A recent article in the Telegraph revealed some startling habits in respect of the migration patterns of young people. 19 out of 20 graduates will have changed jobs at least once by the time they are twenty four.
Is this simply a characteristic of a generation who need to be hyper-stimulated? Who unless they are handling multiple devices / dialogues concurrently feel they are suffering sensory deprivation?
More likely it reflects the reality that the clock speed of life and business is now fuelled with amphetamines. What looked like a good economic bet going into college is not necessarily so on graduating. What looked like a promising company during the graduate induction is now terminally disrupted by a free app from Google.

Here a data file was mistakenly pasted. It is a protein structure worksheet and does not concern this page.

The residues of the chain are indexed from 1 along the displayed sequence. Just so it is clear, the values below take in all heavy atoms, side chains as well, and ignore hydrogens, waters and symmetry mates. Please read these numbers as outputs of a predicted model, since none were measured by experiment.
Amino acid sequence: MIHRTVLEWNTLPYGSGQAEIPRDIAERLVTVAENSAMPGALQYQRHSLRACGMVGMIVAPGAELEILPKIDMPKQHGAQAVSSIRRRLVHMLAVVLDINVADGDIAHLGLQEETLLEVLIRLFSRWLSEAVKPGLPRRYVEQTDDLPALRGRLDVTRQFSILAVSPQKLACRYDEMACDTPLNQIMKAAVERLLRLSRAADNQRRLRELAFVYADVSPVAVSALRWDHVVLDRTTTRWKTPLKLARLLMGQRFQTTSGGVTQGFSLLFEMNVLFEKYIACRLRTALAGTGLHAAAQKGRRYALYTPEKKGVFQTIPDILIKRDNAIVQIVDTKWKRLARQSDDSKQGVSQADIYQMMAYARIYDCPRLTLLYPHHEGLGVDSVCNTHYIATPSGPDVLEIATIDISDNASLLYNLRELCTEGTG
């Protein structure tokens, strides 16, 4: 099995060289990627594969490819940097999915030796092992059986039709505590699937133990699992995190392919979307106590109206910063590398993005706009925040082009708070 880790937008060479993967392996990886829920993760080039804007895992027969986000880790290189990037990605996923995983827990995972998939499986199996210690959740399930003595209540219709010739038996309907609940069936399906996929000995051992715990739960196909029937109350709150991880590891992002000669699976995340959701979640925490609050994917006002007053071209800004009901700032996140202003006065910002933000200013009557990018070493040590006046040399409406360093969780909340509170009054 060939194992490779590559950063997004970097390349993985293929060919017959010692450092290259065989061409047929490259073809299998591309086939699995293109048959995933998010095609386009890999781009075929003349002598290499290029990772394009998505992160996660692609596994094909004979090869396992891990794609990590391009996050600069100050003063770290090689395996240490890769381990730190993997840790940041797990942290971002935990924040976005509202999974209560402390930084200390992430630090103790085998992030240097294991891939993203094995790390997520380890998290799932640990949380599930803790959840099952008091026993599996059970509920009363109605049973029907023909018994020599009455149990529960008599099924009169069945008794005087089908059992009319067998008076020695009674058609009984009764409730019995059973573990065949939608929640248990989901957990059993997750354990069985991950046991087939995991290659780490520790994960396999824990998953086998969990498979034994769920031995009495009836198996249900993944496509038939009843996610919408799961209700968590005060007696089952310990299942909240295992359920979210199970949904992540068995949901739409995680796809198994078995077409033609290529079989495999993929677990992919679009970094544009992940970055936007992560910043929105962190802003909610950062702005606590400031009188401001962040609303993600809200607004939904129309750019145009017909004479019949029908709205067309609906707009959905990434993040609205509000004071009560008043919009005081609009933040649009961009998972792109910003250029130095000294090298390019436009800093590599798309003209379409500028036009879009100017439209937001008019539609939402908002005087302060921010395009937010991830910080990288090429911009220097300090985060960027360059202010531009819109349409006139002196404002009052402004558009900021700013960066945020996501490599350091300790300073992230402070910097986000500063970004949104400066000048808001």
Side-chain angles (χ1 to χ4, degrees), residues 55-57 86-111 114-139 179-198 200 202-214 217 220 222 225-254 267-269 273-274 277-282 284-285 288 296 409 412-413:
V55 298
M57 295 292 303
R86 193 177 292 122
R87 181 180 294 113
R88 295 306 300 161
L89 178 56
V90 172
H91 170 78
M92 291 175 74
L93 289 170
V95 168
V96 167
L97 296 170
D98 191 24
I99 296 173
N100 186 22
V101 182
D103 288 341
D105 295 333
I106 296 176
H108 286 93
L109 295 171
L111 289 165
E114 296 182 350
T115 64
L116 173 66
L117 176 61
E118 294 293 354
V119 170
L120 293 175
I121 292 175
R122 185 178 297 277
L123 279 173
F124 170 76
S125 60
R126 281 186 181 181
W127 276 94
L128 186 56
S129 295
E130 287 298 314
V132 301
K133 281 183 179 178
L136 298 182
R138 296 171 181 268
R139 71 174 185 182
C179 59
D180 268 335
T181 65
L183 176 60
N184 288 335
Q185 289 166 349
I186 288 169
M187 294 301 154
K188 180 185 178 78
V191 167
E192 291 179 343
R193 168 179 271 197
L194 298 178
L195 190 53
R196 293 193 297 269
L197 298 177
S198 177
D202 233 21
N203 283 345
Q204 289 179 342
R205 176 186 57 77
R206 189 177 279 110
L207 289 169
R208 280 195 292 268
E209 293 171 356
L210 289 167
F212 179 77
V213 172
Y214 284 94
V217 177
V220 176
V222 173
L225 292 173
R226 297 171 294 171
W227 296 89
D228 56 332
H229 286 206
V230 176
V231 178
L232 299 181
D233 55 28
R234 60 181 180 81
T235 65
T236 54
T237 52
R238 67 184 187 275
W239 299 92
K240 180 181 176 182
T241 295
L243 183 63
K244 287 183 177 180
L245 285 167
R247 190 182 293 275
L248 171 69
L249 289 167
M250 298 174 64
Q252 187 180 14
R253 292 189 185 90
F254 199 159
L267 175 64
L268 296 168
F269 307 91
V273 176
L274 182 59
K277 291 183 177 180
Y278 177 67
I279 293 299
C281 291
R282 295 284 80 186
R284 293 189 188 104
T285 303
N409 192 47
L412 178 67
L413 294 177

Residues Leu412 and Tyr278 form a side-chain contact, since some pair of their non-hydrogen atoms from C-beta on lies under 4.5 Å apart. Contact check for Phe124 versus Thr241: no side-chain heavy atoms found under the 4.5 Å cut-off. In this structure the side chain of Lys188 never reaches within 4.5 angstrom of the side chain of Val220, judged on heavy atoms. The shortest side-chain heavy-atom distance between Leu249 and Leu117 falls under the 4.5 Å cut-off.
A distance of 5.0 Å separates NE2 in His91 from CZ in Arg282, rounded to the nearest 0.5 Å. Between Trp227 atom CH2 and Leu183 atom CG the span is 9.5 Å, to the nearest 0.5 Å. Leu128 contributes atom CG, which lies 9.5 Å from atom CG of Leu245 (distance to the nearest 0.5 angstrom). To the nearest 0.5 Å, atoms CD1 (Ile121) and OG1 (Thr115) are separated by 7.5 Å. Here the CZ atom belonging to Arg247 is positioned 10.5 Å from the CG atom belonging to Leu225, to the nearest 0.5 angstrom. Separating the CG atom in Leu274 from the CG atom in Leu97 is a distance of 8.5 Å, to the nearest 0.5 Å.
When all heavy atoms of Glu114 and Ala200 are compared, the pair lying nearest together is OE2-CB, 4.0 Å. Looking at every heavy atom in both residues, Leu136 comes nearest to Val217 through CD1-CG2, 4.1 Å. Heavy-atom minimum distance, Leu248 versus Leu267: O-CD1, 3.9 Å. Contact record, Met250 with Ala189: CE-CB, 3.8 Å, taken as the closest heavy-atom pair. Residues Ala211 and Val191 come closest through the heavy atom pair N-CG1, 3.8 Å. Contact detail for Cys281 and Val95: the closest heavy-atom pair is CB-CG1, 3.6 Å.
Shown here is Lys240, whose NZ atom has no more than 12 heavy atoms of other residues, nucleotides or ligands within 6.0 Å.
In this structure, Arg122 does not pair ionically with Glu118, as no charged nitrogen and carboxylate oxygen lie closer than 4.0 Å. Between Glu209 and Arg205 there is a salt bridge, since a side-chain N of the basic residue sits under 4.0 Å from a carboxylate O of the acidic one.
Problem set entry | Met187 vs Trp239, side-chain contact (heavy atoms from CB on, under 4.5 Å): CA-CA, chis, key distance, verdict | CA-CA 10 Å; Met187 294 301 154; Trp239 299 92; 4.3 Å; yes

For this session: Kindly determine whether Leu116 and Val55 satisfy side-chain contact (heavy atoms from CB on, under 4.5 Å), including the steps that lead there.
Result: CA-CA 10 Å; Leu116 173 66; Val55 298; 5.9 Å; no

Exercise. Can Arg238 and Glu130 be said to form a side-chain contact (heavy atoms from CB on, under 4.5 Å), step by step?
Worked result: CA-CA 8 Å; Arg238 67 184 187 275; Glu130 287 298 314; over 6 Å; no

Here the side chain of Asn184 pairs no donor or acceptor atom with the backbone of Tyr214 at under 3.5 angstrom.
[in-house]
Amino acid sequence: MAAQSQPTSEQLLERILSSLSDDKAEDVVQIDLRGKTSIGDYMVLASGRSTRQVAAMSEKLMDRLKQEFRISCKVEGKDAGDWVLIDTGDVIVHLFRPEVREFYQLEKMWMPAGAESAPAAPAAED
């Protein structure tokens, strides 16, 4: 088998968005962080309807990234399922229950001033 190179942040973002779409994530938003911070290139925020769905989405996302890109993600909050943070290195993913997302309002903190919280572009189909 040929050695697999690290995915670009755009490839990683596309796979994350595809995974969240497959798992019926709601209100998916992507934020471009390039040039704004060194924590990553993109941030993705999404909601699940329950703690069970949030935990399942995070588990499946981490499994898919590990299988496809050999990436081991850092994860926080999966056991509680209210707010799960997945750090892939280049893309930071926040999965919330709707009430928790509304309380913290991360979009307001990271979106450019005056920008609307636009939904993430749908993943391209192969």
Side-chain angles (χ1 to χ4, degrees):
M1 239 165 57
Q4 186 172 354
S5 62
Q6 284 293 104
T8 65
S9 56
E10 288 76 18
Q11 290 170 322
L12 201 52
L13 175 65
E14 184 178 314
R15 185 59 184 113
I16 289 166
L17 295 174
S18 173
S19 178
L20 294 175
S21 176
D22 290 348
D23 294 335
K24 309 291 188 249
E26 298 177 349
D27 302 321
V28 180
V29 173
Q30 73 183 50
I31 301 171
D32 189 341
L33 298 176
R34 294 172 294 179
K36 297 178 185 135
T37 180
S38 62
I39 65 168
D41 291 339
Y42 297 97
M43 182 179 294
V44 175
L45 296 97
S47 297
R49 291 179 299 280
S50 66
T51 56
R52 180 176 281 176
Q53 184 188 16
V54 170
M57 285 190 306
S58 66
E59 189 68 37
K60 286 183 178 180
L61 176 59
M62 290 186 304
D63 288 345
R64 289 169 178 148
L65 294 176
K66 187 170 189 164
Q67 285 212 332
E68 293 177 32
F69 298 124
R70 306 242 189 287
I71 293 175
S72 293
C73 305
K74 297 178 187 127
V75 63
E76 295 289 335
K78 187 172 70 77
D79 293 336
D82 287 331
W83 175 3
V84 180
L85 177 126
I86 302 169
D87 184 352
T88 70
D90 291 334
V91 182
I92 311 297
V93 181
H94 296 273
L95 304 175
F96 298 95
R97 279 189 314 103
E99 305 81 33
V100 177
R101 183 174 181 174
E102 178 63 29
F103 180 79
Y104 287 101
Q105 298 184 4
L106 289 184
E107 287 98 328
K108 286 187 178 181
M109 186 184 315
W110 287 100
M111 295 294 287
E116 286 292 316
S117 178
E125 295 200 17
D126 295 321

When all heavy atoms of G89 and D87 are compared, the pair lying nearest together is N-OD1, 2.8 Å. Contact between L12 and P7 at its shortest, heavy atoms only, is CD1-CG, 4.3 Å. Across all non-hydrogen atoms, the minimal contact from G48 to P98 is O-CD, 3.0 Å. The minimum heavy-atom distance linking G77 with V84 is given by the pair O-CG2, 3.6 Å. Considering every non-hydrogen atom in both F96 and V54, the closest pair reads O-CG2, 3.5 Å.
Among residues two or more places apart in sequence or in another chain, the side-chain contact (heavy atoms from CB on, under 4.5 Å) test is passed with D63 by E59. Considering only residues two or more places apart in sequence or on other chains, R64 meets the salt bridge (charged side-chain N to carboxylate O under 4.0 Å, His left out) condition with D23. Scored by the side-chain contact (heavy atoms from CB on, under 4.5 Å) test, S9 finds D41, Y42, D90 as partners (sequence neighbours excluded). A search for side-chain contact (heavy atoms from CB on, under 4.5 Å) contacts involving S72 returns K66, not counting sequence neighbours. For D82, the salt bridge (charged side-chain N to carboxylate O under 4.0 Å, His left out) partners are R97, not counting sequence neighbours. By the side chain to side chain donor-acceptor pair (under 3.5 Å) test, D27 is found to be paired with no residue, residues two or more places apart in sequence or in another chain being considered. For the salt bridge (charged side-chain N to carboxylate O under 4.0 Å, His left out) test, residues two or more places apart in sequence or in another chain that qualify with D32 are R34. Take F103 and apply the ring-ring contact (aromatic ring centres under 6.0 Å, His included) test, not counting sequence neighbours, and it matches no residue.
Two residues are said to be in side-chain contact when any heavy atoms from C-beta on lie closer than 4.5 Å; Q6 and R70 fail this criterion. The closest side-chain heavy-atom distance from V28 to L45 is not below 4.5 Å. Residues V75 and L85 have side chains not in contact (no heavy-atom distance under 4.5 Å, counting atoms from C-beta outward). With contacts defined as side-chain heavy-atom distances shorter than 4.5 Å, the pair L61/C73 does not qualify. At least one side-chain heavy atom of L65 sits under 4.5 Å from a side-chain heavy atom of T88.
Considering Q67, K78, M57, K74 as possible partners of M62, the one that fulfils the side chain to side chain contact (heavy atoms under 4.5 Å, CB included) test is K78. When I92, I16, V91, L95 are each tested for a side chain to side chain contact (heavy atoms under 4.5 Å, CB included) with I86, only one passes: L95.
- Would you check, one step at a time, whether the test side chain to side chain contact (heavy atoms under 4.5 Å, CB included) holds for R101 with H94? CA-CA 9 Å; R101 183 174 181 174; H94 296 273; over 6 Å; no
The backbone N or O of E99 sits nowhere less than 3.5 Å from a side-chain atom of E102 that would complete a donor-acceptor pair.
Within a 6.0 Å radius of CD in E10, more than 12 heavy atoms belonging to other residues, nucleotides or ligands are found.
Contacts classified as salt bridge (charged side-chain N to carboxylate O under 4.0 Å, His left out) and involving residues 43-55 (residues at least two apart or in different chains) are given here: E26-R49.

This is a challenge for the next generation. So rather than teaching specific job skills we need to ensure they are acquiring broad digital economy skills that can be applied to wherever they rest their mortar board.
Such skills include:
- Mental agility
No longer can graduates stroll from the campus of learning to the campus of a large multi-national knowing from day one that if they keep their nose clean they can have a pleasant life followed by a comfortable requirement.
Today’s graduates need to develop the hunter gatherer mind set such that when they hit the market they have the skills to survive and thrive in what is the digital jungle.